Page images



In this Monody the author bewails a learned friend,' unfortunately drowned in his passage from Chester on the Irish seas, 1637; and by occasion foretells the ruin of our corrupted clergy, then in their height.

YET once more, O ye laurels, and once more
Ye myrtles brown, with ivy never sere,
I come to pluck your berries harsh and crude,
And with forced fingers rude,

Shatter your leaves before the mellowing year.
Bitter constraint, and sad occasion dear,
Compels me to disturb your season due:
For Lycidas is dead, dead ere his prime,
Young Lycidas, and hath not left his peer :
Who would not sing for Lycidas? He knew
Himself to sing, and build the lofty rhyme.
He must not float upon his watery bier
Unwept, and welter to the parching wind,
Without the meed of some melodious tear.
Begin then, Sisters of the sacred well,

That from beneath the seat of Jove doth spring,
Begin, and somewhat loudly sweep the string.
Hence with denial vain, and coy excuse,

So may some gentle Muse

With lucky words favour my destined urn,
And as he passes turn,

And bid fair peace be to my sable shroud.

For we were nursed upon the self-same hill2

Fed the same flock by fountain, shade, and rill.
Together both, ere the high lawns appear'd
Under the opening eyelids of the morn,3

1 Edward King, the friend of Milton, whose early death is bewailed in this poem, was the son of Sir John King, Secretary for Ireland under Elizabeth, James I., and Charles I. On his voyage to Ireland, to visit his family, his ship struck on a rock on the English coast, and he perished in the sea. He was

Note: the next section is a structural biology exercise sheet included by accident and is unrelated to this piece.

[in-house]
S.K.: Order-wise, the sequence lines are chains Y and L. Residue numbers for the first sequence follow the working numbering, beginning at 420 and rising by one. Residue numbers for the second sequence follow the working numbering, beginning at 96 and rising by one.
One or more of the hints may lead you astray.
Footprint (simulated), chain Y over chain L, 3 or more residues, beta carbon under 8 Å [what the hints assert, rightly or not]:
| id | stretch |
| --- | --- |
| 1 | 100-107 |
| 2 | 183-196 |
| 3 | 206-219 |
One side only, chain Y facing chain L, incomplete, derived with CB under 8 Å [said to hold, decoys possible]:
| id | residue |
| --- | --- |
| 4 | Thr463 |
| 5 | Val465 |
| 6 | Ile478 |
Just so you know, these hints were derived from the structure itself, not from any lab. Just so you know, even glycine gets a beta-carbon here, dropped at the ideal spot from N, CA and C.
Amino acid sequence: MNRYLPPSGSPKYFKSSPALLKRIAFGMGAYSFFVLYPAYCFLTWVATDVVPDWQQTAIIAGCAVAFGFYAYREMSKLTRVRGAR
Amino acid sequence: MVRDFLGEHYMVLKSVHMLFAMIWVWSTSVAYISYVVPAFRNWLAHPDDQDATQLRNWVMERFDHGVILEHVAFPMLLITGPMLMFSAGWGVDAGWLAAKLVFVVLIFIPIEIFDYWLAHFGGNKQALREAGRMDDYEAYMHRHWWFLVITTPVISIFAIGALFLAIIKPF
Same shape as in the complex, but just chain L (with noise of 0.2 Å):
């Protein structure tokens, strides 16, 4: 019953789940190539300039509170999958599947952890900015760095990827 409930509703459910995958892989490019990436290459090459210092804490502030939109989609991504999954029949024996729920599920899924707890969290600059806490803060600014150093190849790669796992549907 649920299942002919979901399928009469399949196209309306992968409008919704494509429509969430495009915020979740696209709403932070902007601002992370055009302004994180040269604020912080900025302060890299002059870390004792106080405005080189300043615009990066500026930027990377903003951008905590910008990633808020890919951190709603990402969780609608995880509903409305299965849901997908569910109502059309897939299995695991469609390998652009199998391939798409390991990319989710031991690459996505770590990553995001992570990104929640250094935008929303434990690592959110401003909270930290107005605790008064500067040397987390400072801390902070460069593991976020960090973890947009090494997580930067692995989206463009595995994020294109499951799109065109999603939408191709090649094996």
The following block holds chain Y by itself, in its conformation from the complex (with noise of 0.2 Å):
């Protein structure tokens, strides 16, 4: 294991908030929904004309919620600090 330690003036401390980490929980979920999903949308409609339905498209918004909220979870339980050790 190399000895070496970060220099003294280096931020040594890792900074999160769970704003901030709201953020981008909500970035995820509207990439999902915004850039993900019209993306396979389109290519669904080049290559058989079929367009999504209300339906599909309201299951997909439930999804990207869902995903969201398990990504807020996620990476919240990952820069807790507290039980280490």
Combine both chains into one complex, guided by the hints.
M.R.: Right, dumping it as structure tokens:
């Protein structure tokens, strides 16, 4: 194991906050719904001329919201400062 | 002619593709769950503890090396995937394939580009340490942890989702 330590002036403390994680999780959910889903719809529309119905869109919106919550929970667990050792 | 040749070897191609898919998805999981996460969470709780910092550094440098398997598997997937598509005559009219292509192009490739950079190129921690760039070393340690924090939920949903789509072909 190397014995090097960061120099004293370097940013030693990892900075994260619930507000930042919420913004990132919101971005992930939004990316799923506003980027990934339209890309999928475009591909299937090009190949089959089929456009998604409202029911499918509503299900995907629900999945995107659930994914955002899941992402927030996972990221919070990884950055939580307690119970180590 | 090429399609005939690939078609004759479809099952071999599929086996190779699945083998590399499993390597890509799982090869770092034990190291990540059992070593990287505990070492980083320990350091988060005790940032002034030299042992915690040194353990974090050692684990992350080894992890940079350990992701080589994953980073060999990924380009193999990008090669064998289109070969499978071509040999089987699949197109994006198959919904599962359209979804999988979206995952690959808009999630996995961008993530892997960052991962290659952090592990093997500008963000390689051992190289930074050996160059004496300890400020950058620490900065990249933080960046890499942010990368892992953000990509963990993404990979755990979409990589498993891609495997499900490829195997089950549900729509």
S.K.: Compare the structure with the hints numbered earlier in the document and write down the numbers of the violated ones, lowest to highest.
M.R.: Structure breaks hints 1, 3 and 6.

distinguished for his piety and talents, and was a fellow of Christ Church, Cambridge.

2 King was at Cambridge with Milton.

3 See marginal reading of "Neither let it see the dawning of the day," Job iii. 9.

We drove a field, and both together heard
What time the gray-fly winds her sultry horn,'
Batt'ning our flocks with the fresh dews of night,
Oft till the star that rose, at evening, bright,

Toward heav'n's descent had sloped his west'ring wheel.
Meanwhile the rural ditties were not mute,

Temper'd to the oaten flute,

Rough Satyrs danced, and Fauns with cloven heel
From the glad sound would not be absent long,
And old Damotas2 loved to hear our song.

But, O the heavy change, now thou art gone,
Now thou art gone, and never must return!·
Thee, Shepherd, thee the woods, and desert caves
With wild thyme and the gadding vine o'ergrown,
And all their echoes mourn.

The willows, and the hazel copses green,
Shall now no more be seen,

Fanning their joyous leaves to thy soft lays.
As killing as the canker to the rose,

Or taint-worm to the weanling herds that graze,

Or frost to flow'rs, that their gay wardrobe wear,
When first the white-thorn blows;

Such, Lycidas, thy loss to shepherd's ear.

Where were ye, Nymphs, when the remorseless deep
Closed o'er the head of your loved Lycidas?

For neither were ye playing on the steep,

Where your old Bards, the famous Druids, lie,3